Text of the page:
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International Journal of Paleopathology

Kathryn J Hunt, Charlotte Roberts, Casey Kirkpatrick
This study summarizes data from 154 paleopathological studies documenting 272 archaeologically recovered individuals exhibiting skeletal or soft tissue evidence of cancer (malignant neoplastic disease) between 1.8 million years ago and 1900 CE. The paper reviews and summarizes the temporal, spatial and demographic distribution of the evidence and the methods used to provide the cancer diagnoses. Metastasis to bone is the most widely reported evidence (n = 161), followed by multiple myeloma (n = 55)...
May 14, 2018: International Journal of Paleopathology
Stephanie E Calce, Helen K Kurki, Darlene A Weston, Lisa Gould
This study examined the simultaneous impact of multiple underlying factors on OA expression in weight-bearing joints of the vertebrae and lower limb of a modern European skeletal sample (Lisbon and Sassari). OA was evaluated using standard ranked categorical scoring; composite OA scores derived through principal component analysis. Body size was calculated from postcranial measurements; torsional strength (J) of the femoral midshaft was calculated from three-dimensional surface models, size standardized and used as a proxy for activity...
April 18, 2018: International Journal of Paleopathology
A E van der Merwe, B Veselka, H A van Veen, R R van Rijn, K L Colman, H H de Boer
Rickets and residual rickets are often encountered in Dutch archeological skeletal samples. However, no archeological Dutch paleopathological case of adult osteomalacia has been described in literature to date. This paper describes the first four archeological Dutch paleopathological cases of osteomalacia and assesses the value of the various modalities (macroscopic assessment, radiology and histology) that may be used for diagnosis. The skeletal remains investigated originate from the Meerenberg psychiatric hospital cemetery in Bloemendaal, the Netherlands, and date from 1891 - 1936...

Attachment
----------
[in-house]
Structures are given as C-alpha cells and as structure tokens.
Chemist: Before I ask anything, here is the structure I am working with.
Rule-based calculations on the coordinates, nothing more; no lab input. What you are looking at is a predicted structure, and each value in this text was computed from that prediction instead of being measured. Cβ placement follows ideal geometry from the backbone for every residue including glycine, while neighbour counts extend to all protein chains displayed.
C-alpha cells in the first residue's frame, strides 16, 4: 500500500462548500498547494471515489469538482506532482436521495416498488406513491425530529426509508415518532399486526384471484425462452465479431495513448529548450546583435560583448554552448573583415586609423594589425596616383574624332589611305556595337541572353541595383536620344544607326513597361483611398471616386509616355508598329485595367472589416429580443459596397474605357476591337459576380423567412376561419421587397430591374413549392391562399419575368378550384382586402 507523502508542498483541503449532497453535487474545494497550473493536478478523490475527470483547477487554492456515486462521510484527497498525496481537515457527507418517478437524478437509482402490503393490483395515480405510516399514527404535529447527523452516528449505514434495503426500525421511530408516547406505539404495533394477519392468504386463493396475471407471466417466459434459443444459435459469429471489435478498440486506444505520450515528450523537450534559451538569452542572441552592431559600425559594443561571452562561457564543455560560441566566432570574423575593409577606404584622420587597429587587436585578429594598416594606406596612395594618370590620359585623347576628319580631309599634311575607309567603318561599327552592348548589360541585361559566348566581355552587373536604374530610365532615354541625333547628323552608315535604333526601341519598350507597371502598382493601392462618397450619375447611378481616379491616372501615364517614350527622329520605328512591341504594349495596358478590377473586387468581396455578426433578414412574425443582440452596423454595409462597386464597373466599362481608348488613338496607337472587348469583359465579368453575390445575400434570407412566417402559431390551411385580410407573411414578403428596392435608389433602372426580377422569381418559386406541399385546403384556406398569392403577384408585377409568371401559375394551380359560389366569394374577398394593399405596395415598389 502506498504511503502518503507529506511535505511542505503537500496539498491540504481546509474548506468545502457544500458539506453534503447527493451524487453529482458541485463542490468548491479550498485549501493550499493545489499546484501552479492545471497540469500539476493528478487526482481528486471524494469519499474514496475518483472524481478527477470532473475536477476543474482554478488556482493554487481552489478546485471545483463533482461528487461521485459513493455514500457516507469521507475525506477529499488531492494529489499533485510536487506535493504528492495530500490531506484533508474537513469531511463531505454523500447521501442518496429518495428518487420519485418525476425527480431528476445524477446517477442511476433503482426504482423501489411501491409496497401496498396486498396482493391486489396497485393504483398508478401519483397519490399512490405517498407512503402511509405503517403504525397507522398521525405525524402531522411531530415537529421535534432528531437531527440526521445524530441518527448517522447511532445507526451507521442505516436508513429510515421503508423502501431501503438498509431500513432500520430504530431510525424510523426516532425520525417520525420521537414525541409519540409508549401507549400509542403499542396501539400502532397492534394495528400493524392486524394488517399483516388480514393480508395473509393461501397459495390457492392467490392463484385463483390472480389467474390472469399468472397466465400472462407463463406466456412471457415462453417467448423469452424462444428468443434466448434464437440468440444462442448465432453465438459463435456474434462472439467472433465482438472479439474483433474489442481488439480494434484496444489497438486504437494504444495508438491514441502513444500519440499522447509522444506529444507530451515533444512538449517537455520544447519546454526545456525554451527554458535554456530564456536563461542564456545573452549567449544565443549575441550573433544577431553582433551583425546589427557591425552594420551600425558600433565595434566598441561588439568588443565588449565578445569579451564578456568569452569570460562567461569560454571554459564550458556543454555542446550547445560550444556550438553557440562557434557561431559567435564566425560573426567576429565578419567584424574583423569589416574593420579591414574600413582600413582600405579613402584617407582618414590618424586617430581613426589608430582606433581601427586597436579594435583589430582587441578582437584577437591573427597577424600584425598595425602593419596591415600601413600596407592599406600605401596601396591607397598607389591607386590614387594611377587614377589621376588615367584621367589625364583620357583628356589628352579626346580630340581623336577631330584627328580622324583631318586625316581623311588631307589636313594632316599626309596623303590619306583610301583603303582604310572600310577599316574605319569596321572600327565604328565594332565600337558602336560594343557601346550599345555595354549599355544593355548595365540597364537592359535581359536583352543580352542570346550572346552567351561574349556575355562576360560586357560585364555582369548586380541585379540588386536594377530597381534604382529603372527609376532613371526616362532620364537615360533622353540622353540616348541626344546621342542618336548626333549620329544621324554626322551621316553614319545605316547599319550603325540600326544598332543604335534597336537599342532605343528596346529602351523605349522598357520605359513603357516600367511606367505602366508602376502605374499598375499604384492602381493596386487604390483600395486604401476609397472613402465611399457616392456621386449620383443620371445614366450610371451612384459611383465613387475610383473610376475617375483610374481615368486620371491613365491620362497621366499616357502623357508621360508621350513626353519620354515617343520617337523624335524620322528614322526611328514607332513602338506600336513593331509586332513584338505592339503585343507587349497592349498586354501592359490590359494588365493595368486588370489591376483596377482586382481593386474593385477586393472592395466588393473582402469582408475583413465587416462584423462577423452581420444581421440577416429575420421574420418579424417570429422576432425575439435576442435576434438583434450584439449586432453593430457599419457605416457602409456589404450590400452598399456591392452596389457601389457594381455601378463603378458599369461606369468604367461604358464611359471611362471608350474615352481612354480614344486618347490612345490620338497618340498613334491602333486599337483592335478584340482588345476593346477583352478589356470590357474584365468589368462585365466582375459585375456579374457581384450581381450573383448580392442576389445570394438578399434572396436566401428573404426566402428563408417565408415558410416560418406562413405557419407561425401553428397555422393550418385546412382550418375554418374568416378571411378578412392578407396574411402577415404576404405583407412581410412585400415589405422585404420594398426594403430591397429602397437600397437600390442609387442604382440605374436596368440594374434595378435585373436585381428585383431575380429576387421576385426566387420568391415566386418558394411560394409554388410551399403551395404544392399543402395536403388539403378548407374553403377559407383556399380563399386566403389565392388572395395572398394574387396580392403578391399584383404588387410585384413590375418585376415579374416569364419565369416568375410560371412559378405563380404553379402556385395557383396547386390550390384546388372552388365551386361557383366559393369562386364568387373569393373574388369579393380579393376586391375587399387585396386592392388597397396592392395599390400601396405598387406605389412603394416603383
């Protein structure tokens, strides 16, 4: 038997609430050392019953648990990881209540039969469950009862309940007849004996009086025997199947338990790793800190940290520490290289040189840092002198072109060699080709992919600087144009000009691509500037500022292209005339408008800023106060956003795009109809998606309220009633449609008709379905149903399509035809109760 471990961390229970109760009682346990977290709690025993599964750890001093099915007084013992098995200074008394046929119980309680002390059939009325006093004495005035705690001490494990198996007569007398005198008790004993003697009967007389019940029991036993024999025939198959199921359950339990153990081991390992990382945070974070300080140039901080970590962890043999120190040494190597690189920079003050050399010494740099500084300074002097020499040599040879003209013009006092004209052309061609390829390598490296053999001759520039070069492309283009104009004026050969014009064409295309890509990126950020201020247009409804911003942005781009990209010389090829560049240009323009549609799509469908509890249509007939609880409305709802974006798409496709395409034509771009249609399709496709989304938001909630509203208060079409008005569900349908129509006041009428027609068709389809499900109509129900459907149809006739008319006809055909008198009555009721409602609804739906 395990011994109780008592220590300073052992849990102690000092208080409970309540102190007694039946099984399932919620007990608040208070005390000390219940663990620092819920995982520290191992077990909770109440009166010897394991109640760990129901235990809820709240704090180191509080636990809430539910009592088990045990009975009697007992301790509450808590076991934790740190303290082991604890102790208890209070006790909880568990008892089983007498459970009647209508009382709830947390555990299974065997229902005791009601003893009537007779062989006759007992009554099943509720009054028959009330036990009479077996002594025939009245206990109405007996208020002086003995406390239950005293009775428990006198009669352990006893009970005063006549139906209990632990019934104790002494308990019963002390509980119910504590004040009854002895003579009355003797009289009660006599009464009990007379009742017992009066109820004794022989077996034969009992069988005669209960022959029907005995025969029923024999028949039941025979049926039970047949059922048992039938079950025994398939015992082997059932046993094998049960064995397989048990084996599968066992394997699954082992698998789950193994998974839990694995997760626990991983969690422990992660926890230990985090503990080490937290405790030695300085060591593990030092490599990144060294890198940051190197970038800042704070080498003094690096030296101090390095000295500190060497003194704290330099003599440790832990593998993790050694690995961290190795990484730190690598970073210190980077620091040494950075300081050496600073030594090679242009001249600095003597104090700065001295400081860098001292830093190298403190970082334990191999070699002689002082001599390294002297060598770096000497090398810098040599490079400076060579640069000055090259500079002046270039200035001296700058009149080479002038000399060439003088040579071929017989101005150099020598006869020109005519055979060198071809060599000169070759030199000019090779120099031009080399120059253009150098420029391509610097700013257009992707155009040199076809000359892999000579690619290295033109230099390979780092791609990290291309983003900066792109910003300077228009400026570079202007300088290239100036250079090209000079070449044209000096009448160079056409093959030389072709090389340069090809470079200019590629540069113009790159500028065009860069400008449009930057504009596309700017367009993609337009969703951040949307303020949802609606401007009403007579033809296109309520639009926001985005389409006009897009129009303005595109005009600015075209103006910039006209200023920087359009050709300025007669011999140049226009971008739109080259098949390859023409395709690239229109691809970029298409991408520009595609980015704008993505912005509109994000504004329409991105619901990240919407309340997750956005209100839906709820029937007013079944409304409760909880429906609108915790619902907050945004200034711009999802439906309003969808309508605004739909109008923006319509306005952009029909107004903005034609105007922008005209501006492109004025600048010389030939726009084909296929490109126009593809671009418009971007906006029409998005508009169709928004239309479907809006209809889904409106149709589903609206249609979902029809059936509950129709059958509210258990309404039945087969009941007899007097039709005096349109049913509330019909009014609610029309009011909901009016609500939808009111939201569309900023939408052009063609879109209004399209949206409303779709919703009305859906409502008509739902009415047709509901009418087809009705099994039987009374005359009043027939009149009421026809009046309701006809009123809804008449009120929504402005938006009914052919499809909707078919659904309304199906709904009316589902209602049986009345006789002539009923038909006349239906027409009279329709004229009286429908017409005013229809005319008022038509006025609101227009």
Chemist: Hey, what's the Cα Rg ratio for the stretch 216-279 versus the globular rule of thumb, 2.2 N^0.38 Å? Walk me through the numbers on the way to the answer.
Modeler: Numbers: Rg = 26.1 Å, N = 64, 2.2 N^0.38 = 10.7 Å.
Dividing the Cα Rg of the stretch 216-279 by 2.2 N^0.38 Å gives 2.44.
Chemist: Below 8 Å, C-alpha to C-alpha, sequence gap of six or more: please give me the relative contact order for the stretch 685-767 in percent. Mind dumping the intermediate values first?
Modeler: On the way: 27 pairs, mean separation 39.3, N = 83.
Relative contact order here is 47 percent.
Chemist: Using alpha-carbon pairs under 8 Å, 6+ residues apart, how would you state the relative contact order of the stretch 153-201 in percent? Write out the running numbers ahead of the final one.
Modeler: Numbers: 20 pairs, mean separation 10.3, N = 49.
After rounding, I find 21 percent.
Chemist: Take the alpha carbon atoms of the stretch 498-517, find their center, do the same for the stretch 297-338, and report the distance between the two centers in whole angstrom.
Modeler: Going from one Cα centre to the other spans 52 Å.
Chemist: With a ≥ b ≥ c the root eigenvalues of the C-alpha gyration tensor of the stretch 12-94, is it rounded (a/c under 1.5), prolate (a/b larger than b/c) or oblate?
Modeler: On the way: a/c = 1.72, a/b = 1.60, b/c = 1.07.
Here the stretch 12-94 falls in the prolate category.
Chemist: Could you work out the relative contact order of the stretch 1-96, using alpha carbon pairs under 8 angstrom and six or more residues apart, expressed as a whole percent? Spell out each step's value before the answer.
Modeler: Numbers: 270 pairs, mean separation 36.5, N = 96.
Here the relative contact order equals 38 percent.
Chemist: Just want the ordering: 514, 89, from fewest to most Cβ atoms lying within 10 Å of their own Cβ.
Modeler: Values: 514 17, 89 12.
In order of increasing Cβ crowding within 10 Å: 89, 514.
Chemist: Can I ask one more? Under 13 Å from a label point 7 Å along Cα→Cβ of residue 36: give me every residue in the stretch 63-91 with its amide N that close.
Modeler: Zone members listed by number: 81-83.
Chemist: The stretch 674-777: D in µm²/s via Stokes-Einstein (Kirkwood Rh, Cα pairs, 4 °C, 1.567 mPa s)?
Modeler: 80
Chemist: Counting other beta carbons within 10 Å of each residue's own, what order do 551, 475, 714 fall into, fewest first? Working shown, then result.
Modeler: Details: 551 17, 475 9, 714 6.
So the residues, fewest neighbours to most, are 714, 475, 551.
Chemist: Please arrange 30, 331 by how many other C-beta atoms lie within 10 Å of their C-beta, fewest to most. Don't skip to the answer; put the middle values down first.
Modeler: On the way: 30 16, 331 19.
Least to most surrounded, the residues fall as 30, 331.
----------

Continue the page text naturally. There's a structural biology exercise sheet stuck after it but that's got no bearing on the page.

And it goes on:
April 11, 2018: International Journal of Paleopathology
Sergey Slepchenko, Karl Reinhard
Russia, both as the USSR and the Russian federation, provided a source of parasitological theory for decades. A key figure in Russian parasitology was Yevgeny Pavlovsky. He developed the nidus concept of Pavlovsky provided the conceptual basis for the field of pathoecology. He also coined the term "Paleoparasitology". Pathoecology is a foundation concept in archaeological parasitology. Paleoparasitology, as defined by Pavlovsky, is an avenue for understanding of host parasite evolution over very long time periods...
April 6, 2018: International Journal of Paleopathology
Leslie Quade, Michaela Binder
On the 21st-22nd of May 1809, French and Austrian soldiers engaged in battle near the village of Aspern on the outskirts of Vienna. This battle, the first defeat of Napoleon's army on land, was one of the largest and deadliest encounters during the Napoleonic Wars (1798-1815). Salvage excavations between 2009 and 2016 have revealed several battlefield burial sites in Aspern. The remains of 30 individuals were evaluated for a series of pathological conditions which develop during childhood and adulthood to elucidate the impact of Napoleonic military conditions on health...
April 5, 2018: International Journal of Paleopathology